Ah, you see, whilst you were zipping through the levels like a deranged hamster, you didn’t collect enough rings to open up the bonus stage at the end of each level. Either that or you didn’t see the big ring at the end of the level which transports you to said bonus stage… Here you can earn a “Continue” (Or 3 extra lives if you prefer to think of it that way) as well as the aforementioned Chaos Emeralds. These are the key to the true ending of the game, you need to find all 6, and they are all contained in the bonus stages, which are spinning mazes with funky parallax scrolling in the background (remember when that was a major selling feature of a game??).

I’ve just noticed a major error in my writings today… I refer to the game as having “levels” or “stages”. Of course, this was the start of a brave new world where Sega used different names to “stand out” from the crowd. The game was divided into “zones”, each of which were each divided into 3 “acts”. Each zone had their own particular characteristics, for example the Green Hill Zone had lots of Green Hills (and many fast sections), the Marble Zone was a tad slower and more delicate with lots of lava, the Spring Yard Zone was back up to speed with enormous half-pipes, the Labyrinth Zone introduced pyramid-like caverns and water, the Star Light Zone had big open spaces and huge jumps (and instant-death falls), and the Scrap Brain Zone had lots of booby traps to contend with.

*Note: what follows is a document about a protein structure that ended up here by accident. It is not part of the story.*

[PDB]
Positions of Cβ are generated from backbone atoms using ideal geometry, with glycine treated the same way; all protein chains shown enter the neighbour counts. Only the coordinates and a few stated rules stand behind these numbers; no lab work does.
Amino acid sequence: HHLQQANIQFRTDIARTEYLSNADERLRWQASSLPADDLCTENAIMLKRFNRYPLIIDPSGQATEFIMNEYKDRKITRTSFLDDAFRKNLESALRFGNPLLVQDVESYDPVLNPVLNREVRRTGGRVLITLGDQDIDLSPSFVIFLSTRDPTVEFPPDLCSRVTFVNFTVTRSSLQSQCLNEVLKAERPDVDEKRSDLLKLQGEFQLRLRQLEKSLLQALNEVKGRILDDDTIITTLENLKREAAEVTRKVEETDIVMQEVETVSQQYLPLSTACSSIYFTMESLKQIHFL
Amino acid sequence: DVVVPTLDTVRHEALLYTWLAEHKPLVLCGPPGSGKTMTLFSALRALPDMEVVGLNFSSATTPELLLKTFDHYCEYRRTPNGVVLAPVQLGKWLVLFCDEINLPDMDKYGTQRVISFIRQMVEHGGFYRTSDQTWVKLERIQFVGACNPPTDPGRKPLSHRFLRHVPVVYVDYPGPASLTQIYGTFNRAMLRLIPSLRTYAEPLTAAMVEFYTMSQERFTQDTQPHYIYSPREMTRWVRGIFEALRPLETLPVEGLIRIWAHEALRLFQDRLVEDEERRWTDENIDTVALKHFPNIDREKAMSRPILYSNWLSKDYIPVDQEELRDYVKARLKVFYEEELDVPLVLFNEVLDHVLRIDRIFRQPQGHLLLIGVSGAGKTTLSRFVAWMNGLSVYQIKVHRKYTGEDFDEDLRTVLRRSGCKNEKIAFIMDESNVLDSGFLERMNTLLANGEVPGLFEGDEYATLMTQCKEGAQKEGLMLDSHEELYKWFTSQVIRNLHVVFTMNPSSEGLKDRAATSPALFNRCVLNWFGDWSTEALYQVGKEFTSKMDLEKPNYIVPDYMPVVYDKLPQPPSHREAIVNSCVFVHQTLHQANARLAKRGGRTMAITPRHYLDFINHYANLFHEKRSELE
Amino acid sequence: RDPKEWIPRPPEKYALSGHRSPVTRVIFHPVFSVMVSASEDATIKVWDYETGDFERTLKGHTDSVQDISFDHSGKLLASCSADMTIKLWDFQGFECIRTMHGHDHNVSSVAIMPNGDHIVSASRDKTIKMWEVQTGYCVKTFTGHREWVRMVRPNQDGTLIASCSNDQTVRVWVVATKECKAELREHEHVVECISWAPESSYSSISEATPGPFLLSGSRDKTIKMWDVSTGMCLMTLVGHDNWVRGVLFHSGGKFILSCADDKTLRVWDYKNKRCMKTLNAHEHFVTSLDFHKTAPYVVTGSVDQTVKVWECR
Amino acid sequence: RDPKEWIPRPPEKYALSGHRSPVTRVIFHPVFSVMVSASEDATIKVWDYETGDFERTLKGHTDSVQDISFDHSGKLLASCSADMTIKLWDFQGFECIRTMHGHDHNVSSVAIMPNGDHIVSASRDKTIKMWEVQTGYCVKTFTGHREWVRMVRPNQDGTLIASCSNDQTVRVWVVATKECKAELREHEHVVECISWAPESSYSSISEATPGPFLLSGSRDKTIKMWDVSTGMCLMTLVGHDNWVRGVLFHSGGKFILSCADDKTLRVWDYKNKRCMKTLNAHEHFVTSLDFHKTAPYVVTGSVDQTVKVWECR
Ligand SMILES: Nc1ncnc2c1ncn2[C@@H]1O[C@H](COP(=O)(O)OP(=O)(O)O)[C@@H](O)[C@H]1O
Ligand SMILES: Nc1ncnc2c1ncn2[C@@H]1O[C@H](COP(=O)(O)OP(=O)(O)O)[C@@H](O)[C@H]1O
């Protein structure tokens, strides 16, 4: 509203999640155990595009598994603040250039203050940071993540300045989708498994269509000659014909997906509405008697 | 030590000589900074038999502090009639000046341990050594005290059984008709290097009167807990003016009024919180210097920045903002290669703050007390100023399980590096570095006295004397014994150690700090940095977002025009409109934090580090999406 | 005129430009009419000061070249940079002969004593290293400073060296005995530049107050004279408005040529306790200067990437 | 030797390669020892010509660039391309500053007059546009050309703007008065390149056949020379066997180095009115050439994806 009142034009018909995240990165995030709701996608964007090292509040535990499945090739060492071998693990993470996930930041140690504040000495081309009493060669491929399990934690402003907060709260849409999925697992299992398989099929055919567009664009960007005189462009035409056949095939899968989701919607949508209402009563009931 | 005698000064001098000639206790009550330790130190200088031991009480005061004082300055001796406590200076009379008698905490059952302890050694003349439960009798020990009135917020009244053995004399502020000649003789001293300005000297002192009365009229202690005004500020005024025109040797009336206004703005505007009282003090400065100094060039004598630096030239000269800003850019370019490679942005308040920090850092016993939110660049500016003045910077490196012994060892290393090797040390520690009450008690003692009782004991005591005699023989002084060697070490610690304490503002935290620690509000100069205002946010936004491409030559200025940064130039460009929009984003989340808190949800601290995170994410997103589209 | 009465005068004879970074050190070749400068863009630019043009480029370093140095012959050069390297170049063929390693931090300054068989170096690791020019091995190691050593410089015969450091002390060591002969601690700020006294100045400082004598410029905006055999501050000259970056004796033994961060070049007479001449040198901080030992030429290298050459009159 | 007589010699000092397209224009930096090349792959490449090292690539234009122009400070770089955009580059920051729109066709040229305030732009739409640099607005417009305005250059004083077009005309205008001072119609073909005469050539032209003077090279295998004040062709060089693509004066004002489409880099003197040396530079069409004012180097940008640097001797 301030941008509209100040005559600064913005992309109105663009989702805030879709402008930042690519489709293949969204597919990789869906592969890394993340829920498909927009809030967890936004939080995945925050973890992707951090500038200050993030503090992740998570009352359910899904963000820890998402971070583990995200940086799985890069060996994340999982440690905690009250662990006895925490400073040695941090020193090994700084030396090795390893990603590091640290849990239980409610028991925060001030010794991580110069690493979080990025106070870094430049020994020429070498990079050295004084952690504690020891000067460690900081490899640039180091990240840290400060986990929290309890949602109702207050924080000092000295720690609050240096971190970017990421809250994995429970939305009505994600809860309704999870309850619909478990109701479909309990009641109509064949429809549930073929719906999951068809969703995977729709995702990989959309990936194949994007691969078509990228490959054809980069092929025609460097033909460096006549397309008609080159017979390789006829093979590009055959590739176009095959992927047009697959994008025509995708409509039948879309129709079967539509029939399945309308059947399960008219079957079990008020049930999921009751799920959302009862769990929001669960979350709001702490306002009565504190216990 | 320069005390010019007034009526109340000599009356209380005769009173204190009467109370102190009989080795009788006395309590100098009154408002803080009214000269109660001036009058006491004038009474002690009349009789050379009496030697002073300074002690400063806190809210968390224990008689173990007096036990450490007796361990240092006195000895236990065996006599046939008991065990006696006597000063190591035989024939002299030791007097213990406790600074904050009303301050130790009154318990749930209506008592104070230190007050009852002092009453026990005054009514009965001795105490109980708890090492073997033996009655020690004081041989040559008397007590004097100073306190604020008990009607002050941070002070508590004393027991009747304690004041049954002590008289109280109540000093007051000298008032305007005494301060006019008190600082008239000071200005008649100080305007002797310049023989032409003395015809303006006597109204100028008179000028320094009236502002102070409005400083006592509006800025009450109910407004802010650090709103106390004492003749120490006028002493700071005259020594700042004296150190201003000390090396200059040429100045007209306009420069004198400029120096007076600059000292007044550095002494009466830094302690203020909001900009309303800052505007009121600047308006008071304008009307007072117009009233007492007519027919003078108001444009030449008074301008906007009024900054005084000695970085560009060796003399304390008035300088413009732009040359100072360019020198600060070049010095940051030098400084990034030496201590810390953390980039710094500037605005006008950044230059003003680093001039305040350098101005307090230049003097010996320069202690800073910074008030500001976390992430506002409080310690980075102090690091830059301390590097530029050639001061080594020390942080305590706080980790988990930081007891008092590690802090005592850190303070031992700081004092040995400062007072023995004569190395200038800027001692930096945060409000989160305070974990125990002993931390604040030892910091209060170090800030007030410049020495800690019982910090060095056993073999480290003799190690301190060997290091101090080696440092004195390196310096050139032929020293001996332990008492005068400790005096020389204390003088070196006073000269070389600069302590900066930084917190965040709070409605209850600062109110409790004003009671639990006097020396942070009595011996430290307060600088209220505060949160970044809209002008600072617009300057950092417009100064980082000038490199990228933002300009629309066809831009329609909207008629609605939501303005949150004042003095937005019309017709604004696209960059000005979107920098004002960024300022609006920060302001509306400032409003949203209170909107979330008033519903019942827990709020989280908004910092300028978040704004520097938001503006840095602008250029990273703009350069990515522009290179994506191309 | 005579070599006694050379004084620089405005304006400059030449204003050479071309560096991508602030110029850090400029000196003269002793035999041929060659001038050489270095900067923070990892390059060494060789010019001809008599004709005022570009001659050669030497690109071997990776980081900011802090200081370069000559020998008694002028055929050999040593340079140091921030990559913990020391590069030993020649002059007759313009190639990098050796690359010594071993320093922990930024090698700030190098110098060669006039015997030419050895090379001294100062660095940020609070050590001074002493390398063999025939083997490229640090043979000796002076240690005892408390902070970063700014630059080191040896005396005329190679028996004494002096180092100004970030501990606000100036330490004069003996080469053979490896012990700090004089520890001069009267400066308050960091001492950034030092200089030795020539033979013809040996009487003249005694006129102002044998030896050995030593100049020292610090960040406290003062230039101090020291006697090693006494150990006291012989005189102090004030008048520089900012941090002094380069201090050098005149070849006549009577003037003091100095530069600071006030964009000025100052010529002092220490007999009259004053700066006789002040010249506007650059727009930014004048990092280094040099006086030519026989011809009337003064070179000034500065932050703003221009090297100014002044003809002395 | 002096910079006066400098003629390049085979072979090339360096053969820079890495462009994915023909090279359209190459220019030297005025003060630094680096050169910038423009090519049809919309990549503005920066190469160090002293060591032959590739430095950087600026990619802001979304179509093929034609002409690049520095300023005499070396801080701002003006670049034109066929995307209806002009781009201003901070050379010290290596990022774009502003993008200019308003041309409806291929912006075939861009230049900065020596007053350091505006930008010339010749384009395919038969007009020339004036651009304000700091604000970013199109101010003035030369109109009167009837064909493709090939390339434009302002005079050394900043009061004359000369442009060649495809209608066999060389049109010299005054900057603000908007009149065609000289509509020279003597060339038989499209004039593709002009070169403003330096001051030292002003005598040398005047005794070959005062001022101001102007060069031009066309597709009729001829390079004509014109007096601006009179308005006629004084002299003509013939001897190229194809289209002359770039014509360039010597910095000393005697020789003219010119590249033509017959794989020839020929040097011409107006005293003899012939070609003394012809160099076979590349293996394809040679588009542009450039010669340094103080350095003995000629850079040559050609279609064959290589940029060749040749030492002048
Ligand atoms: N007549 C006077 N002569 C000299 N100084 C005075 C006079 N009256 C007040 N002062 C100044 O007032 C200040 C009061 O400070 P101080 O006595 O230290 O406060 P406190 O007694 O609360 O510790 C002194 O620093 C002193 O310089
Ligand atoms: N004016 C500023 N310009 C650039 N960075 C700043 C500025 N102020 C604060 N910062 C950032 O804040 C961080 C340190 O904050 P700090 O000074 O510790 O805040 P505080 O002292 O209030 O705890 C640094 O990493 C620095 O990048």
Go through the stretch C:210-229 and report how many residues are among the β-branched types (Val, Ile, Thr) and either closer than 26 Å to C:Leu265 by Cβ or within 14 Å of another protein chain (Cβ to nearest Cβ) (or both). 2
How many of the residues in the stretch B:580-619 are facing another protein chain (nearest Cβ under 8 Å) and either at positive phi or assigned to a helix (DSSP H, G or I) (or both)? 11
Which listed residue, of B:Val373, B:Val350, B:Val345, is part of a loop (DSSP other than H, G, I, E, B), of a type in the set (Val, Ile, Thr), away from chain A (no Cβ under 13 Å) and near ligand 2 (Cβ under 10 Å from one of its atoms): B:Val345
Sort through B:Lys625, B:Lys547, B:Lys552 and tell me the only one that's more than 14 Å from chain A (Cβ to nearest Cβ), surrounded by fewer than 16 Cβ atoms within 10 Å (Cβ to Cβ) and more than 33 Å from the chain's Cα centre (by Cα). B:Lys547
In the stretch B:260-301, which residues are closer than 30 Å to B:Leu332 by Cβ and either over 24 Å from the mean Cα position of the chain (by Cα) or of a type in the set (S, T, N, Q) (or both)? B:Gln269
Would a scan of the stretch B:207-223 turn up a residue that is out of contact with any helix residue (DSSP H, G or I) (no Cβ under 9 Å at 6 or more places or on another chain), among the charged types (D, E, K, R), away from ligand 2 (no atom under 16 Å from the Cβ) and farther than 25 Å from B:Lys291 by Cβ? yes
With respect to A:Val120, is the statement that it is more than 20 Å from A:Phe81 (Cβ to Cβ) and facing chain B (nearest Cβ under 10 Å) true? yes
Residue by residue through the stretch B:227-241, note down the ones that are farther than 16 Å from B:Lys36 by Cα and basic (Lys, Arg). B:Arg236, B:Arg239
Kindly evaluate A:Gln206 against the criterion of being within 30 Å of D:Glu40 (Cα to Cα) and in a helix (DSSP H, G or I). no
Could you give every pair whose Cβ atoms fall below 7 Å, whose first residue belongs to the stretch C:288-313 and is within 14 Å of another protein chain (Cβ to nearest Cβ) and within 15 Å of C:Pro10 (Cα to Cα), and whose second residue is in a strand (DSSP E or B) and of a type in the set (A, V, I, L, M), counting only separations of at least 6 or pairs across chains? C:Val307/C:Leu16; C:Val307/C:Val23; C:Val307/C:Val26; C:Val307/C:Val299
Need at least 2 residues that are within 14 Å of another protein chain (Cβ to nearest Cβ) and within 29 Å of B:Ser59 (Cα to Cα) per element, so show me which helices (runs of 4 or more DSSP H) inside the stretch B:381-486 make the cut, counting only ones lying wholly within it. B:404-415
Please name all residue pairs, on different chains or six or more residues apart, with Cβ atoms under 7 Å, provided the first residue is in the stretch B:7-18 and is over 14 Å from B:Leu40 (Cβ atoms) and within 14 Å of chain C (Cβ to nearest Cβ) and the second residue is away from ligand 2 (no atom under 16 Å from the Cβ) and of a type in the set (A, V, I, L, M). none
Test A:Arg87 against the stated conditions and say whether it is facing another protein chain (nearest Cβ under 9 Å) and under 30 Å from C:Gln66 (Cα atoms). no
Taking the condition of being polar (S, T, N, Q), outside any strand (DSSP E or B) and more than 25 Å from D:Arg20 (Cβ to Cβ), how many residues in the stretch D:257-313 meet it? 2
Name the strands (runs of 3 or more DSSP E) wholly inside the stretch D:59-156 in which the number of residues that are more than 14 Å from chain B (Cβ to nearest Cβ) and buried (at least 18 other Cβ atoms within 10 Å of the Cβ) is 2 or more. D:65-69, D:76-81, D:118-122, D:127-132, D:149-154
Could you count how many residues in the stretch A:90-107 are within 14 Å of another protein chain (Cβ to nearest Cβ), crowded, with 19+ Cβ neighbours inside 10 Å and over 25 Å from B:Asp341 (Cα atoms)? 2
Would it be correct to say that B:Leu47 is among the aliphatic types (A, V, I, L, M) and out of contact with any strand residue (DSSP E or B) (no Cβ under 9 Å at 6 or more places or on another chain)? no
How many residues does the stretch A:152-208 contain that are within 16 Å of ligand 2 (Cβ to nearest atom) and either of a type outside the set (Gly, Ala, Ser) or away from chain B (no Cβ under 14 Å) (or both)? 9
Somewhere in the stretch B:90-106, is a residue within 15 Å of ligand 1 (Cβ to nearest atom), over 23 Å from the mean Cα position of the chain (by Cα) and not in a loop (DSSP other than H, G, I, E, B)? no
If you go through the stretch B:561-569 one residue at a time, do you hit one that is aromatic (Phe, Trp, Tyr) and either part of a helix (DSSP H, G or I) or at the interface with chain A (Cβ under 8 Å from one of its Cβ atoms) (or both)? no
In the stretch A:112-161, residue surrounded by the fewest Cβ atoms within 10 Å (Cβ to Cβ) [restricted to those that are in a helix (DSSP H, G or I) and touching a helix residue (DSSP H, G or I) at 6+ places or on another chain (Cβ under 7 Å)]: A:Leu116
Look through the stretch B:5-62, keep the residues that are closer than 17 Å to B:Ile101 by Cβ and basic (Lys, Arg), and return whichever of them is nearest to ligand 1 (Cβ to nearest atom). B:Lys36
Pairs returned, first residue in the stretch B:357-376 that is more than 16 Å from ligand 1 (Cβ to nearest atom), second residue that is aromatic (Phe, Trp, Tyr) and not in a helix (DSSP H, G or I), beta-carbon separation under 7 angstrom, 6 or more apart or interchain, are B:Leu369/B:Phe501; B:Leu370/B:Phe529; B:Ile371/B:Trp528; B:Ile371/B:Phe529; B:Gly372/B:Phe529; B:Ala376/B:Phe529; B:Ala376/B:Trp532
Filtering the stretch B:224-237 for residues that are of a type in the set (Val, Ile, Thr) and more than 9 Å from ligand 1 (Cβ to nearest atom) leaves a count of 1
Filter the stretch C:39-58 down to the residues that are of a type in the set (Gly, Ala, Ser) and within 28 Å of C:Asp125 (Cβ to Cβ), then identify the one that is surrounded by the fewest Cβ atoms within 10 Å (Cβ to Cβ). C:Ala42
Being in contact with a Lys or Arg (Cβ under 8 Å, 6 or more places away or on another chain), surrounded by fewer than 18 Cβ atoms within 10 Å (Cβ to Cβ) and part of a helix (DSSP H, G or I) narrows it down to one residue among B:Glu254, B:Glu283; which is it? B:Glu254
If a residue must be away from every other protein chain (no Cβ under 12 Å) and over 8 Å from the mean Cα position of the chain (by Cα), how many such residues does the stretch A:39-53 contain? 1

Along the way were your standard power ups and bonuses hidden in TV screens around the levels. There was the usual extra rings, extra lives and invincibility, but also speed boots and a one-hit protection shield. One other departure from the standard platform recipe was that your collected rings could be lost when you took a hit. Upon being hit, your rings would spill out, or, if you didn’t possess any rings, you’d die and lose a life. This meant that if you just had the one ring, you would be in a mad dash to try and retrieve it before you took the fatal blow.

This did push the game a little towards the easy side, at least in terms of staying alive. Attaining the highest scores, though, would require some considerable skill.